The monetary amount of damages awarded in a personal injury lawsuit is determined by the actual financial losses suffered by the plaintiff. This is referred to as economic damages, and may include: costs of medical care, lost wages, property damage, and legal fees.
- Medical Costs: The cost of hospital stays, doctor visits, physical therapy, medicines, specialized therapies, medical devices, transportation to and from appointments, and related medical expenses.
- Lost Wages: Your injury may cause you to miss work, and if so, you should be compensated for this loss. This includes money lost from time off work, or if you are unable to perform the same work tasks and are forced to settle for a lower position.
- Property Damage: Compensation for the loss of or damage to personal property as a result of an accident.
- Legal Costs: You have the right to ask the liable party to cover your legal fees. The vast majority of Vermont personal injury attorneys take cases on a contingency fee basis. A portion of your reward could go toward paying for your lawyer's work spent negotiating a settlement.
As a result of the injury, you may be entitled to non-economic damages, such as pain and suffering. This is intended to compensate victims for damages other than monetary losses, which may be difficult to prove since they are not obvious.
An individual's experience of pain and suffering is subjective. When making a case for pain and suffering damages, you'll need to detail the challenges you've had as a result of your injury. The severity of the injury, the length of time it takes to recover, and the presence or absence of any permanent handicap or limitation are just a few points that will be taken into account by the insurance company, judge, or jury when awarding compensation.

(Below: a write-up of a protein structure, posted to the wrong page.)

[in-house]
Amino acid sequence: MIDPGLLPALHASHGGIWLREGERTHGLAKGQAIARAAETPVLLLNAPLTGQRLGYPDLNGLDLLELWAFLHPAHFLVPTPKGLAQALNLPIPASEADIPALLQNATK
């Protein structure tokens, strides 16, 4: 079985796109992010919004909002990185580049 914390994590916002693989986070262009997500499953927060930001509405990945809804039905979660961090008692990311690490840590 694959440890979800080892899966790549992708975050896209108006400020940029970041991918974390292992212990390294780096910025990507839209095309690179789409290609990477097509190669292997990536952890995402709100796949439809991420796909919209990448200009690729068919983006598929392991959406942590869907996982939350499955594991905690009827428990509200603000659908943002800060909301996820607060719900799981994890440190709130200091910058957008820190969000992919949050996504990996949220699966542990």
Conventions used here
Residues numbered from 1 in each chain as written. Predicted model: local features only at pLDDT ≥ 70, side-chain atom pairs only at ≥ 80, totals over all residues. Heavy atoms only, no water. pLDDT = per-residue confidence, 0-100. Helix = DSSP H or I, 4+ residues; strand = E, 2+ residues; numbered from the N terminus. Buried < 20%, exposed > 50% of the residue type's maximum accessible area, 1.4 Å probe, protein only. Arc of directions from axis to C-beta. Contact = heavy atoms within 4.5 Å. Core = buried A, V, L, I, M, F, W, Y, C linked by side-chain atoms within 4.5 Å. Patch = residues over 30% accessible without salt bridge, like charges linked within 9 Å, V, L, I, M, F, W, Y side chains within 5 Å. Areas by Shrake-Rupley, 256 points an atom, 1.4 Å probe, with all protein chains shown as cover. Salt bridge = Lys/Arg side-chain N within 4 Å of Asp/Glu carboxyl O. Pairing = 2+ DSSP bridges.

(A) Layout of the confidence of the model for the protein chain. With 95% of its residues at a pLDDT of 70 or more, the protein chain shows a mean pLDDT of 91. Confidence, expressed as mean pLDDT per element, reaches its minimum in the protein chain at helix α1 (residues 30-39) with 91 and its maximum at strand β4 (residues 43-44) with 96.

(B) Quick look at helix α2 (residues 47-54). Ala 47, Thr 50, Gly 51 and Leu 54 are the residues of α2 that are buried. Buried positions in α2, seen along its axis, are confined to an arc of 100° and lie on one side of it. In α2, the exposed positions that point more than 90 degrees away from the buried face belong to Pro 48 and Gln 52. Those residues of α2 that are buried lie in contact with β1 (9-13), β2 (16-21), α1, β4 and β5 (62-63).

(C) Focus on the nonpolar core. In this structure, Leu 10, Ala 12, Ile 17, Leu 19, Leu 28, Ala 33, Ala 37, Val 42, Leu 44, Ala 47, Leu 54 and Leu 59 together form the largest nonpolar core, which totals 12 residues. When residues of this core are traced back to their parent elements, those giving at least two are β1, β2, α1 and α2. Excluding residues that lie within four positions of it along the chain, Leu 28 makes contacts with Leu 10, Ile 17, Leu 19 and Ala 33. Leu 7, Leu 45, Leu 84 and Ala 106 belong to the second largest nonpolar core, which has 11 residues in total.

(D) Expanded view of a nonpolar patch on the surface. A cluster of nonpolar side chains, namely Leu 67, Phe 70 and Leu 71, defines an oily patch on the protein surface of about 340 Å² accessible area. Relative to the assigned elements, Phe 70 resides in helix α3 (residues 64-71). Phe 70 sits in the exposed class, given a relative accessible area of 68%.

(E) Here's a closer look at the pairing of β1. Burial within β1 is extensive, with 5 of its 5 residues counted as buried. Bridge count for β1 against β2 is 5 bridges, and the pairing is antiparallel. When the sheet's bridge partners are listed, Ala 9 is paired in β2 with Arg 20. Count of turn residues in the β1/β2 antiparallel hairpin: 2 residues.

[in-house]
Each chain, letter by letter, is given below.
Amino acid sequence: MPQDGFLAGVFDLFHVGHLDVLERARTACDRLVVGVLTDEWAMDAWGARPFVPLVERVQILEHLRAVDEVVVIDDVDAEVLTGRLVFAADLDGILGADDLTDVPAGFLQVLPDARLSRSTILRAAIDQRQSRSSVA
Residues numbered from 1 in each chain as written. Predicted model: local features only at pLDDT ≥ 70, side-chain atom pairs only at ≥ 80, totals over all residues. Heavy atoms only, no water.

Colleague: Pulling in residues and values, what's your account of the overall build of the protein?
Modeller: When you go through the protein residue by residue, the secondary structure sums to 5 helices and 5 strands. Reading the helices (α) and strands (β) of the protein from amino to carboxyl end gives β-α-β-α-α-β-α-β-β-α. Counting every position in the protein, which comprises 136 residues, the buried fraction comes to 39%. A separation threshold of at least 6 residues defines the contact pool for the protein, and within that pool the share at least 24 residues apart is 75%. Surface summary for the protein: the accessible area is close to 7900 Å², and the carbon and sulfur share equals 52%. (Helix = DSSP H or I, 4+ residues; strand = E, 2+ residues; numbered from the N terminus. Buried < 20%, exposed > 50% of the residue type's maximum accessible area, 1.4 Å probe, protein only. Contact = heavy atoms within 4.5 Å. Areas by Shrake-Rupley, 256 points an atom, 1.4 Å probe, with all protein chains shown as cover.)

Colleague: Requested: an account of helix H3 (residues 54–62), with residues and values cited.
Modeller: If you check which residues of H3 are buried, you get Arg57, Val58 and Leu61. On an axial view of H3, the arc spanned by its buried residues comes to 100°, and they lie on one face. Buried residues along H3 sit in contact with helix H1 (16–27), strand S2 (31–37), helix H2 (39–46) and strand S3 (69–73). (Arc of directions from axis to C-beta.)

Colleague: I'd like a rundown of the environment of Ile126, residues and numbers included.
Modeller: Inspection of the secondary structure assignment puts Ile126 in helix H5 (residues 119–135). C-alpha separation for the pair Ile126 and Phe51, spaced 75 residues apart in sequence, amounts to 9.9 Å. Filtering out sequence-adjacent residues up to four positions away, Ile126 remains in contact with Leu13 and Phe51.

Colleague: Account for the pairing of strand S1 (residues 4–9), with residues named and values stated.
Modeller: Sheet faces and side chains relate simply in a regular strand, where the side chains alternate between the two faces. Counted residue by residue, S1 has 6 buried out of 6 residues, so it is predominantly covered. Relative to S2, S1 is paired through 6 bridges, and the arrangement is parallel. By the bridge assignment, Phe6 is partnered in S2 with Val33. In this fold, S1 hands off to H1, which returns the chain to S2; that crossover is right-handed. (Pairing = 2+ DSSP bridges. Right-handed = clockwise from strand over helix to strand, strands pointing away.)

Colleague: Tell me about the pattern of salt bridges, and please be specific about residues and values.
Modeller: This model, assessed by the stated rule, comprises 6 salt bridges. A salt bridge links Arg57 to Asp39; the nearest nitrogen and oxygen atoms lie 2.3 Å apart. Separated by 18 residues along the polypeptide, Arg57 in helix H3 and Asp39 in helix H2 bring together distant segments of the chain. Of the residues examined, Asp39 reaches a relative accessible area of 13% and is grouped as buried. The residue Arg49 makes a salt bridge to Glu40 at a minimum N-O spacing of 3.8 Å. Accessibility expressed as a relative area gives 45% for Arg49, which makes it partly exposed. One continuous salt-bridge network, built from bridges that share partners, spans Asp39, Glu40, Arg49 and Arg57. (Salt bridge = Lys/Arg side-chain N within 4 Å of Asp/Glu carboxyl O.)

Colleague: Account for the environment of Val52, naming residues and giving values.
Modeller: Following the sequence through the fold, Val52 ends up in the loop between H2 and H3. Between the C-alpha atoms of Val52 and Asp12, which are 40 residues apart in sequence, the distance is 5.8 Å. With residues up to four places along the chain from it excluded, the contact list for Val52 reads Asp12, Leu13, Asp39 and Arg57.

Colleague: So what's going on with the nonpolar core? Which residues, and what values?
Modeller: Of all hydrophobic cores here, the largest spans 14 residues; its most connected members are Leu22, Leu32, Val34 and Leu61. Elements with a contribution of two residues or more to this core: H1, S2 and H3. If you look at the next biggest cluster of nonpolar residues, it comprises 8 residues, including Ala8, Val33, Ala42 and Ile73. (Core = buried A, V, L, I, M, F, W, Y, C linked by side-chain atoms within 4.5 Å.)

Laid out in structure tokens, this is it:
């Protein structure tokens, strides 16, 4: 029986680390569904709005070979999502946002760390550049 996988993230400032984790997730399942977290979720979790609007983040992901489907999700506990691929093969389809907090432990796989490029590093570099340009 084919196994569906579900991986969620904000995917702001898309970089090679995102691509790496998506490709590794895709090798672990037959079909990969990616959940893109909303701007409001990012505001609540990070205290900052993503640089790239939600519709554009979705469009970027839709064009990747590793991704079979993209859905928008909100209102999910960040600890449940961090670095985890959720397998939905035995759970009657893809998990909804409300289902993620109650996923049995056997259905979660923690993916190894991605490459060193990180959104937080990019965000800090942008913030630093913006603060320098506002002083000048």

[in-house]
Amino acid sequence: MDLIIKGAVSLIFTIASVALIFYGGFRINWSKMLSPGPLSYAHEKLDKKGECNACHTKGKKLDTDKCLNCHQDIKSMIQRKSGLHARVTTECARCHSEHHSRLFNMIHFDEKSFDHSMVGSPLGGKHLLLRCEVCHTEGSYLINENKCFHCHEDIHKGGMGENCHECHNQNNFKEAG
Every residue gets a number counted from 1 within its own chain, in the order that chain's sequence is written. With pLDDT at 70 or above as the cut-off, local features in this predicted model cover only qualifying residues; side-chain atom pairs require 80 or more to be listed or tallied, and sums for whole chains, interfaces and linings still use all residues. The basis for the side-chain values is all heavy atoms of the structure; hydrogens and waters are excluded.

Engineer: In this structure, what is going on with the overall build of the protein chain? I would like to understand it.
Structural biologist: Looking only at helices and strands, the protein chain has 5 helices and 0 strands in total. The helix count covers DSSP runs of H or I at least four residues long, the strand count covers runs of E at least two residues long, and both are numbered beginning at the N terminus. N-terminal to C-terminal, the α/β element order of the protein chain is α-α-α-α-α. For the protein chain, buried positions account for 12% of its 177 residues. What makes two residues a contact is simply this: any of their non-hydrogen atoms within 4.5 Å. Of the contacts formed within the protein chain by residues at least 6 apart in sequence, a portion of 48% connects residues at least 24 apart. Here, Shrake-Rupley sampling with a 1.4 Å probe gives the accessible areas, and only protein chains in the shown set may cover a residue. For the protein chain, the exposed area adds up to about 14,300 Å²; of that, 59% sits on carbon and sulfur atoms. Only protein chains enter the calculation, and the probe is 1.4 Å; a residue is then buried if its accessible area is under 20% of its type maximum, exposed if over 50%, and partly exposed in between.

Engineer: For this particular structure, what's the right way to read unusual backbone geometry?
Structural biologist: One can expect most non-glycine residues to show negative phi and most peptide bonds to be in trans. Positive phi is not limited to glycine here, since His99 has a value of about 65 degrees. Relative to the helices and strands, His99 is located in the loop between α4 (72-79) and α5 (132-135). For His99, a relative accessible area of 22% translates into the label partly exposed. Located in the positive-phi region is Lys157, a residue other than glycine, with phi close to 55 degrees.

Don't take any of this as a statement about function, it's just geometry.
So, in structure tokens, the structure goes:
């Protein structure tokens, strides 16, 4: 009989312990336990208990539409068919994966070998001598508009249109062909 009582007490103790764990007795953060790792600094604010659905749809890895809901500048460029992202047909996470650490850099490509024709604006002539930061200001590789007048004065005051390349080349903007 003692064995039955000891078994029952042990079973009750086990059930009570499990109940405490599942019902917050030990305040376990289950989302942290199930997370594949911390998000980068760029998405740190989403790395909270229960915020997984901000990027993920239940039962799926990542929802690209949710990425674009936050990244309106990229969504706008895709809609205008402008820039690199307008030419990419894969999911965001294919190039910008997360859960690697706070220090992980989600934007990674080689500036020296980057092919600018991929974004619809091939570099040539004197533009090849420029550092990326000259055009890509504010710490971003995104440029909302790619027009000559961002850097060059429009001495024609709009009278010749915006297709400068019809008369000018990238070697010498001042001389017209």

Emotional distress is another non-economic loss. If you've suffered mental or emotional anguish, you may be entitled to financial restitution. Having a record of your progress in a journal can be useful if you find it difficult to talk about your emotional suffering. You should also document any emotional distress you've endured as a result.
Vermont is a "Fault" State
Vermont is a "fault state" when it comes to legal matters involving personal injuries. The person at fault is liable for the victim's monetary damages.
Injured accident victims have several potential courses of action, following an accident. These include:
- Filing a claim with his/her own insurance company, either through a health or auto policy.
- Filing a claim with the at-fault party's insurance company, through a health or auto policy.
- Submit a third-party insurance claim against the negligent party's insurer.
- Take the negligent party to court for damages after an injury, with a personal injury lawsuit.
Shared Fault Laws in Vermont
The party you're claiming is liable for your injuries may try to shift the blame back onto you by claiming that you contributed to the accident that is responsible for your injuries. If you are found to be at fault, even partially, Vermont's comparative fault law may result in you collecting less or any compensation at all.